UW Press book inspires national framework for teaching about slavery

February 20, 2018

A framework for teaching middle school and high school students about slavery, developed by the Southern Poverty Law Center and launched Feb. 1, was inspired by and based on a book published by the University of Wisconsin Press in 2016.

A new report from the SPLC found a broad failure of textbooks, state standards and pedagogy to adequately address the role slavery played in the development of the United States — or how its legacies still influence us today.

Photo: Cover of "Teaching American Slavery" book

The framework, called Teaching Hard History: American Slavery, was developed by the SPLC and its Teaching Tolerance project based on UW Press’s Understanding and Teaching American Slavery, edited by Bethany Jay and Cynthia Lynn Lyerly. The book is aimed primarily at history teachers at the college and advanced secondary levels, but it lays out 10 key concepts essential to teaching the topic at any level. The 10 concepts became the basis for the entire Teaching Hard History curriculum.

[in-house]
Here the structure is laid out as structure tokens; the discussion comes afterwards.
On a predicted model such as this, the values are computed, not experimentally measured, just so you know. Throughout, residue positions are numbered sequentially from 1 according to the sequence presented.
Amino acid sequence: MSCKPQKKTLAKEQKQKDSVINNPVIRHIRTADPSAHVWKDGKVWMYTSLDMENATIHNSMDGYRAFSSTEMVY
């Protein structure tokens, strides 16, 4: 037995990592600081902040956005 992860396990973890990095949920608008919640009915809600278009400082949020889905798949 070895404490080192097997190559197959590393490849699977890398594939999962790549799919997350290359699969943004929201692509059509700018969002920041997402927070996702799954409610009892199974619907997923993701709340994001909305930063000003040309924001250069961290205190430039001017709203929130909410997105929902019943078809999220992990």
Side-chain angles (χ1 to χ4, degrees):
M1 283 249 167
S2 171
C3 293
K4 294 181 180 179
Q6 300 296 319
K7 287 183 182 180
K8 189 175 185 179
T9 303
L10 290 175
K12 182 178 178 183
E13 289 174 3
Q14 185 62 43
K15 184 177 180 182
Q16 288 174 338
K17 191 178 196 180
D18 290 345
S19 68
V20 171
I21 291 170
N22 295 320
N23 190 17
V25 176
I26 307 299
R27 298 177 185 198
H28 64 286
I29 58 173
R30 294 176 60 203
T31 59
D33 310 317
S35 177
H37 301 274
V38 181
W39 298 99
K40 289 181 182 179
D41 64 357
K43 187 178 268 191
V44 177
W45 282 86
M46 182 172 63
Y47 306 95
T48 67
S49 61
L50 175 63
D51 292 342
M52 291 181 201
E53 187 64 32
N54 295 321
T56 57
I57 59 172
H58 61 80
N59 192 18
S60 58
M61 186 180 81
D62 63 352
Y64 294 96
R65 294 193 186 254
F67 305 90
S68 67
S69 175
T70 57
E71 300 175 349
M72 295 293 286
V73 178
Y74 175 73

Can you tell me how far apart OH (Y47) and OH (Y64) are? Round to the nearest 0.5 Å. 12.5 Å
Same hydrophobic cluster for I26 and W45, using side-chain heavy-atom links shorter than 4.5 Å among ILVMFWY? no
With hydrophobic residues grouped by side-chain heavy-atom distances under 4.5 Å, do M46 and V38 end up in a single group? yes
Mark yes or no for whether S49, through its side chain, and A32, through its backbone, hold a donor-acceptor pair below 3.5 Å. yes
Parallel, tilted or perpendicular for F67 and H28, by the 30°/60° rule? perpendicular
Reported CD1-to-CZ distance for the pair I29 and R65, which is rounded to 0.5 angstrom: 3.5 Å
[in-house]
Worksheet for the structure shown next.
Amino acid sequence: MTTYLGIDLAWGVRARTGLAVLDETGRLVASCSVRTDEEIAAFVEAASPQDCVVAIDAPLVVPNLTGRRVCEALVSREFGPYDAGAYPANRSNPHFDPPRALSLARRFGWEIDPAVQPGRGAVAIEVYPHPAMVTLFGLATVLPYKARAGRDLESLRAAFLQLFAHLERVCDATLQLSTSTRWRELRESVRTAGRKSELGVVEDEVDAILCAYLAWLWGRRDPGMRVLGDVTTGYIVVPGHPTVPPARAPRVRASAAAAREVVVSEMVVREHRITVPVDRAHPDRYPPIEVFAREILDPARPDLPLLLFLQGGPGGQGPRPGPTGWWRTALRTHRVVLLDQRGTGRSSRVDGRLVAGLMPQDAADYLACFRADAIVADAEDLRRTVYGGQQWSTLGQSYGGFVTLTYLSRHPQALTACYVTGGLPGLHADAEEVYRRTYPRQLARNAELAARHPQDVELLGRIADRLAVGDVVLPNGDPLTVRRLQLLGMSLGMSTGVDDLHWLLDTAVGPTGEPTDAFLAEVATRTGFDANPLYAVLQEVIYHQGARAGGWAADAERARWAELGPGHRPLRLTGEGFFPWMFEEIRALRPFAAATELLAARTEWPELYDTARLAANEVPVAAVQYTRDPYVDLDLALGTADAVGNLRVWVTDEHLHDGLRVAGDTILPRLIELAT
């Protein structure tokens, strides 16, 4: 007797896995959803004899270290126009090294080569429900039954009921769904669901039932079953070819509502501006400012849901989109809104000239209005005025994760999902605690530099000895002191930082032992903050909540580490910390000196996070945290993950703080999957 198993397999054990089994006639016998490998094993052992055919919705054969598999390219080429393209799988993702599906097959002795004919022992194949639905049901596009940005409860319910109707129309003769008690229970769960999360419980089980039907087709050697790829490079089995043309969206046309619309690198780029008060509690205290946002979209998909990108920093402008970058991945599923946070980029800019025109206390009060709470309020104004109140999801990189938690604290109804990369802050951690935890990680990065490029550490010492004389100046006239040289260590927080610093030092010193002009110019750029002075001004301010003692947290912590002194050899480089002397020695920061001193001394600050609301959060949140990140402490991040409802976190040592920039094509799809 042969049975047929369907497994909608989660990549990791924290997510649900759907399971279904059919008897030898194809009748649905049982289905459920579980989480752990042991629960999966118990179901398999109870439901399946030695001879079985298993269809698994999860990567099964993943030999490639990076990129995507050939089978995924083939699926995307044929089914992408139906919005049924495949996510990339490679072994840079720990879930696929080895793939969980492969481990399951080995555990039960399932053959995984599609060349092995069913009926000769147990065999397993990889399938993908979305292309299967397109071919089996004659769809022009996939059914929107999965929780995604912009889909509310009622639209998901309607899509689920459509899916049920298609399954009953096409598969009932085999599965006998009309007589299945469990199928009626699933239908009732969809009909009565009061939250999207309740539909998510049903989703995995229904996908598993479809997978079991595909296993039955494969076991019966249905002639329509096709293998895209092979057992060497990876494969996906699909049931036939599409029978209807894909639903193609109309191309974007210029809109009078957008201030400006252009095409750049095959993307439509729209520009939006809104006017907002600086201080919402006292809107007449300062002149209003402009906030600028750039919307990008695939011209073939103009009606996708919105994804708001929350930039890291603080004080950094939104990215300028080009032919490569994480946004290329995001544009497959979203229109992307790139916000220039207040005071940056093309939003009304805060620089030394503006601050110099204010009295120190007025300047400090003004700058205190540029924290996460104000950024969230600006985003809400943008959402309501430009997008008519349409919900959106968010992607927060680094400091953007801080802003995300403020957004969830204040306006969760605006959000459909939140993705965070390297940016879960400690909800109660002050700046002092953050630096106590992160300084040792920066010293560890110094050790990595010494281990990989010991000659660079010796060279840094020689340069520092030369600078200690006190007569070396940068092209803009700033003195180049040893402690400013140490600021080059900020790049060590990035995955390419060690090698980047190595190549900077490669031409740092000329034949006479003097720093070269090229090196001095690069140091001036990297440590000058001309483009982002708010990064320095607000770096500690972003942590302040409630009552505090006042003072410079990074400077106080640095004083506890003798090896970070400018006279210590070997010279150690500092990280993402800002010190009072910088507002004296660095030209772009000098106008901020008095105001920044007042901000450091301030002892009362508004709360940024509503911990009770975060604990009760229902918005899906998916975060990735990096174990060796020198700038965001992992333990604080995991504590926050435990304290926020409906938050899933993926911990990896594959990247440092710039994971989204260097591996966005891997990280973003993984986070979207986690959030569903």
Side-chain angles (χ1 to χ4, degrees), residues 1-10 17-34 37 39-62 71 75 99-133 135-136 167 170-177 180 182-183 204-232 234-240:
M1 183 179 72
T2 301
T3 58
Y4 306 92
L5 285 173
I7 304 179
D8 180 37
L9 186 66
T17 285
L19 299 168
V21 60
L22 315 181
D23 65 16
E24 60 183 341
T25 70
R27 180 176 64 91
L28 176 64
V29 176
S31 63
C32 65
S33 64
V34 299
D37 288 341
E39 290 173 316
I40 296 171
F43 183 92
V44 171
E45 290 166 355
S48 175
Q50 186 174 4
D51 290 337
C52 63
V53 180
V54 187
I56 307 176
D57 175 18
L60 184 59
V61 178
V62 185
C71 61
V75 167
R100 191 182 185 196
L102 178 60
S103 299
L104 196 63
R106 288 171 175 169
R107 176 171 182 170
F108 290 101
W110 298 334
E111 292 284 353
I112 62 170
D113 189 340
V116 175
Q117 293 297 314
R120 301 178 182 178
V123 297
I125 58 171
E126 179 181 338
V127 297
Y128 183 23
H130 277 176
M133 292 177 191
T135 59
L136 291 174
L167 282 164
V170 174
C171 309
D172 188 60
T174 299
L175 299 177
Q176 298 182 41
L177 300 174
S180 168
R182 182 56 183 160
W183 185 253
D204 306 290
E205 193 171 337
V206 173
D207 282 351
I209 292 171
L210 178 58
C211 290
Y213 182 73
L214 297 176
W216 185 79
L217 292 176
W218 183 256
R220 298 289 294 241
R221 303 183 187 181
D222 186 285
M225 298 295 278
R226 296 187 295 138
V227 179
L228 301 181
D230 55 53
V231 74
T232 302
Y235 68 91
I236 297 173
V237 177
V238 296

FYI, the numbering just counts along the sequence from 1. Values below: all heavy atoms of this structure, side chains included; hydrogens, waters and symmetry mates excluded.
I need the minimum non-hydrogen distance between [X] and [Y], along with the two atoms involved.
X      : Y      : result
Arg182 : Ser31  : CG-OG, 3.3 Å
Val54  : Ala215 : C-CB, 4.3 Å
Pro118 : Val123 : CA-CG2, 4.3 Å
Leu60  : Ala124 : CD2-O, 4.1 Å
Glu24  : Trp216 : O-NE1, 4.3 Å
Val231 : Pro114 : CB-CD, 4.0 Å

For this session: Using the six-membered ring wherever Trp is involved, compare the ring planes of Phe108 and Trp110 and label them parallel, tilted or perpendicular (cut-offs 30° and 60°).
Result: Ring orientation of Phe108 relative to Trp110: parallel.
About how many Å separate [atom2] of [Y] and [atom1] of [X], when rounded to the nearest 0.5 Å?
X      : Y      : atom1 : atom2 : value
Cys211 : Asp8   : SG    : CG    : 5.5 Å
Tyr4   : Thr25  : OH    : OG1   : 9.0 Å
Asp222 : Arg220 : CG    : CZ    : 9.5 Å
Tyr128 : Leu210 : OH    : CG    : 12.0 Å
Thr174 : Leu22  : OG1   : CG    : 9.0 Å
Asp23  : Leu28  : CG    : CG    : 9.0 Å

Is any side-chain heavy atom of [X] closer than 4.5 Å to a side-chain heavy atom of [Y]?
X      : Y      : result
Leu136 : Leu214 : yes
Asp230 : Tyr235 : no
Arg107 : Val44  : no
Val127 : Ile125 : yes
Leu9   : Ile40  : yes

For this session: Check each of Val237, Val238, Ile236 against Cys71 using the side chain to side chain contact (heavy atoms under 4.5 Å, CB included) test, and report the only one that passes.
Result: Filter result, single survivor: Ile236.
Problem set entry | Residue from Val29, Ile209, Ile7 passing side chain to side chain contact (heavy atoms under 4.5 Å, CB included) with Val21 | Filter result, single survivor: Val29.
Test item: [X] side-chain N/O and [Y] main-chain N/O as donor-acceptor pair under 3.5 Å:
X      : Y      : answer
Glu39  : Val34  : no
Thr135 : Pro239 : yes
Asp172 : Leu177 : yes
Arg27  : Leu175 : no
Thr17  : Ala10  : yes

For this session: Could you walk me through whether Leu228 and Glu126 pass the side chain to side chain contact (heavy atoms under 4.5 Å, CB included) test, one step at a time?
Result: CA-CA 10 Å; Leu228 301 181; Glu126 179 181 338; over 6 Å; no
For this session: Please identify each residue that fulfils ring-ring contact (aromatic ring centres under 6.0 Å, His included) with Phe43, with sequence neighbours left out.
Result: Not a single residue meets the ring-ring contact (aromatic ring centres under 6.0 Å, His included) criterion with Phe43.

UW Press published the book as part of its Harvey Goldberg Series for Understanding and Teaching History, which aims to provide a deeper understanding of complex areas of history and tools to teach about them creatively and effectively. The series is named for Harvey Goldberg, a professor renowned for his history teaching at Oberlin College, Ohio State University and the University of Wisconsin from the 1960s to the 1980s. Goldberg is remembered for his commitment to helping students think critically about the past with the goal of creating a better future.

Other books published in the series to date focus on the Vietnam War; U.S. Lesbian, Gay, Bisexual and Transgender History; the Cold War; and the Age of Revolutions. Future topics will include volumes on teaching about the Holocaust, the civil rights movement, the modern Middle East, and Native American history.

UW Press is administratively located within UW–Madison’s Office of the Vice Chancellor for Research and Graduate Education.